Sometimes, social workers are not aware of all the resources available to youth who are in transition. These services are generally provided by each province and territory and can vary greatly. In Ontario, for example, there is a variety of financial and educational supports for youth, but most are only available if youth are pursuing post-secondary education or job training. (The situation is similar in British Columbia.)
The University of Victoria study asked participants if they knew about the YEAF, a series of bursaries available to youth formerly in care, and 50% did not. The study authors also noted: “Participants’ and other key informants’ comments indicated that not all social workers or youth-serving service providers knew about this potential financial resource for youth in/from care.” Anywhere, a lack of service and program knowledge can result in inappropriate referrals or youth missing out on what is available to them.
Support and financial agreements (SFAs)
Gaynor’s question about what influences support for SFAs is also good, because it asks us to think about why our system is structured the way it is. My short answer would be funding - our governments tend to support projects that in the short term, seem to cost less.
As it stands in most provinces and territories, once someone reaches 18 or 19, they are considered independent and will no longer receive support from the government. This also often means moving out of their foster family’s home, sometimes before they’re ready, and having limited contact. (The Vancouver Sun published a fantastic six-part series on what happens to youth as they “age out,” and I highly recommend reading it.) In many cases, this transition feels abrupt and can be very traumatic – leading to many researchers to advocate for extending foster care services to age 25.
Many government agencies offer SFAs, which provide supports (emotional and financial) to youth up to ages of 21 or 22. The rationale for them is that they are flexible enough that youth who don’t need continued support don’t get it, but those who do can apply and continue on. Social workers tend to support these agreements because they are better than youth having no support at all, but I think many acknowledge that offering services in such a fragmented way isn’t always helpful.
In Coming of Age, Stephen Gaetz recommends that Canada take a more strategic approach to youth homelessness, which would also benefit the child welfare system. He also gave a number of recommendations in this story about youth aging out of care from The Tyee:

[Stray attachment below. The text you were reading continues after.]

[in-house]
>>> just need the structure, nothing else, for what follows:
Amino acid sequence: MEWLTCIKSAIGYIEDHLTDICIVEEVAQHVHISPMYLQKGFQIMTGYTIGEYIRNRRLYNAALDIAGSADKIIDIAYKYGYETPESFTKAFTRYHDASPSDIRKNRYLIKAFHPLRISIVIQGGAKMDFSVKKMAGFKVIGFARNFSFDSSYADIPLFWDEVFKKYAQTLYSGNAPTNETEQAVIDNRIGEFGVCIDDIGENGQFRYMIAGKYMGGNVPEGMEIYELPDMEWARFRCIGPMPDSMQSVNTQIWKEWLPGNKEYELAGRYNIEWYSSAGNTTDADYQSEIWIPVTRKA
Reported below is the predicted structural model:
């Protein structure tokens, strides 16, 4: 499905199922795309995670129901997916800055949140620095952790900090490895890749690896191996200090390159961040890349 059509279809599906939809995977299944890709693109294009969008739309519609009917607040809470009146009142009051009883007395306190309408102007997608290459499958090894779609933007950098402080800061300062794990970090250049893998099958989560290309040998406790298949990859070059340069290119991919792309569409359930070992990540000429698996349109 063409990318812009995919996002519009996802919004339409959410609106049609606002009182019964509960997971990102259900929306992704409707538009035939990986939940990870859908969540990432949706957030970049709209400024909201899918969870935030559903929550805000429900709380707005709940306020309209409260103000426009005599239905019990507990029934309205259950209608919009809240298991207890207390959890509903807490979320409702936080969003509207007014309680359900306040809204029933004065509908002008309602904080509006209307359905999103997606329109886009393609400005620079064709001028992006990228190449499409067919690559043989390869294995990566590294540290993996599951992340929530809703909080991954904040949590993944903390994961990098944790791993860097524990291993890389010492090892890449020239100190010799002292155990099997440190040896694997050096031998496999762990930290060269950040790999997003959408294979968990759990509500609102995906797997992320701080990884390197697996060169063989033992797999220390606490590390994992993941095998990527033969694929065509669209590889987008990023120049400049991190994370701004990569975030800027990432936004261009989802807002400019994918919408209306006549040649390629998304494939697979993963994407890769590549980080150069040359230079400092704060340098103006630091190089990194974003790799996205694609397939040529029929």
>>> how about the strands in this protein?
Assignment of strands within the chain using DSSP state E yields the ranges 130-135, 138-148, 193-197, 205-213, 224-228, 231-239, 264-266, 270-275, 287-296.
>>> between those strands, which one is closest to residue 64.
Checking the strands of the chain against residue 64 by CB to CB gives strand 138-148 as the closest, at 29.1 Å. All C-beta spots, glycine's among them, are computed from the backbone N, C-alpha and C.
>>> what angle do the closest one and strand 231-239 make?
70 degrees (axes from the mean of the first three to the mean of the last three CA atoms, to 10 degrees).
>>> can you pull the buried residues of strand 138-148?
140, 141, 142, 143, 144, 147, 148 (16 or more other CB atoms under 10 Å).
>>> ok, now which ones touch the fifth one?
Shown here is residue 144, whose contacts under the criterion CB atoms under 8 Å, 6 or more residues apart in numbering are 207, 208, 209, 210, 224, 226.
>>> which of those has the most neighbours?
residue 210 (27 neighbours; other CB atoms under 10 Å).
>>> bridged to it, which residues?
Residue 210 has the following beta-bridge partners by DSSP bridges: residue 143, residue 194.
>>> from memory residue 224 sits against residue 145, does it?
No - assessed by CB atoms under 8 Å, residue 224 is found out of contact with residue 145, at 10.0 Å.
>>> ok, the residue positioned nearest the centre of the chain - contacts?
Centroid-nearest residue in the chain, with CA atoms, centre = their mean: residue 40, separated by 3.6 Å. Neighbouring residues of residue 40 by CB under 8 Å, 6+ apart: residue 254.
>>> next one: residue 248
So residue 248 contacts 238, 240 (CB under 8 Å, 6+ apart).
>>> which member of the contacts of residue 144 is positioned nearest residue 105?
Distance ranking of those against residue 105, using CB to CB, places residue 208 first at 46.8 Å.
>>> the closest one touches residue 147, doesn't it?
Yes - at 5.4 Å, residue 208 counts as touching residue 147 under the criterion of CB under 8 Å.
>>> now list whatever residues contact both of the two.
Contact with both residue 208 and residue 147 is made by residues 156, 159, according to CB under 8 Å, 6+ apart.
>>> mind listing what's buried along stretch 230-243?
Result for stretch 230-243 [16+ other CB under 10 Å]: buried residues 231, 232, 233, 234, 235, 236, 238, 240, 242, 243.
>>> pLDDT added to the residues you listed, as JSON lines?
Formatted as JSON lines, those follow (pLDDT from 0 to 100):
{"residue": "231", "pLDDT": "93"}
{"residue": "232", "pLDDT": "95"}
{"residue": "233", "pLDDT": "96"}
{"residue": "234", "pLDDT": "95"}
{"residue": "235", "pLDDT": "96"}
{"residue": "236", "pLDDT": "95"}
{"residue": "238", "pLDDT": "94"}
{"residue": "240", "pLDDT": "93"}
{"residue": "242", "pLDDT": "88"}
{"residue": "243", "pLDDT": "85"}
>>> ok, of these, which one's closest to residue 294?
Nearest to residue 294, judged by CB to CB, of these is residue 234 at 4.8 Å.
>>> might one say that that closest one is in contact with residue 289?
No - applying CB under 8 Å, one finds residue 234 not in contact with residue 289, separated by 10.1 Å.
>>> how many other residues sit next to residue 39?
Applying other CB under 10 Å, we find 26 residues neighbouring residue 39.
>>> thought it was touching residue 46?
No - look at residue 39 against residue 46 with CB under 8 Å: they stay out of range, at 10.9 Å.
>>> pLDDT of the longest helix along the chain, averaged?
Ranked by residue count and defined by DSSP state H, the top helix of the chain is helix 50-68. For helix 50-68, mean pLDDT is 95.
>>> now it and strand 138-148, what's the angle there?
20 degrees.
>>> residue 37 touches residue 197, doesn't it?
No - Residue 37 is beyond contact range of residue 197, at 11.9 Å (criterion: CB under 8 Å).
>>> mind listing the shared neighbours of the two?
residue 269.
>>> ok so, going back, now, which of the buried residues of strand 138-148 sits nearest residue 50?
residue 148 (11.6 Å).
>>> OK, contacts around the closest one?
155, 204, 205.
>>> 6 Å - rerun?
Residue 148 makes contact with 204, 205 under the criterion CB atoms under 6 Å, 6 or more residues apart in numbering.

“• Raise the exiting age of 18 or 19 in most provinces and territories when foster care ends, to at least age 24 or graduation from their first post-secondary program;
• Plan an exit strategy and start planning early;
• Give kids a say in the design of services and the types of services provided to them;
• Encourage high school graduation and fund the first post-secondary program;
• Fund community-based youth supports instead of province-wide services run by bureaucrats;
• Ensure youth have at least one adult in their life, family or not, whom they can rely on;
• If they leave care early, let them come back whenever they need to.”
Some decision-makers and lobbyists would likely see extending care as a costly investment, but many researchers have estimated that cost of extending care to an older age is actually less than what we spend on SFAs and other piecemeal supports.
This post is part of our Friday "Ask the Hub" blog series. Have a homeless-related question you want answered? E-mail us at firstname.lastname@example.org and we will provide a research-based answer.
Emma Woolley is a 2016 graduate of York University's Bachelor of Social Work program with a background in publishing, freelance writing and digital communications. Her interest in affordable housing, homelessness, 2LGBTQ rights, and social justice led her to work with The Homeless Hub. Emma is now pursuing her Master of Social Work at The University of Toronto, where she is focusing on anti-oppressive, strengths-based, recovery-oriented, and critical approaches to mental health care.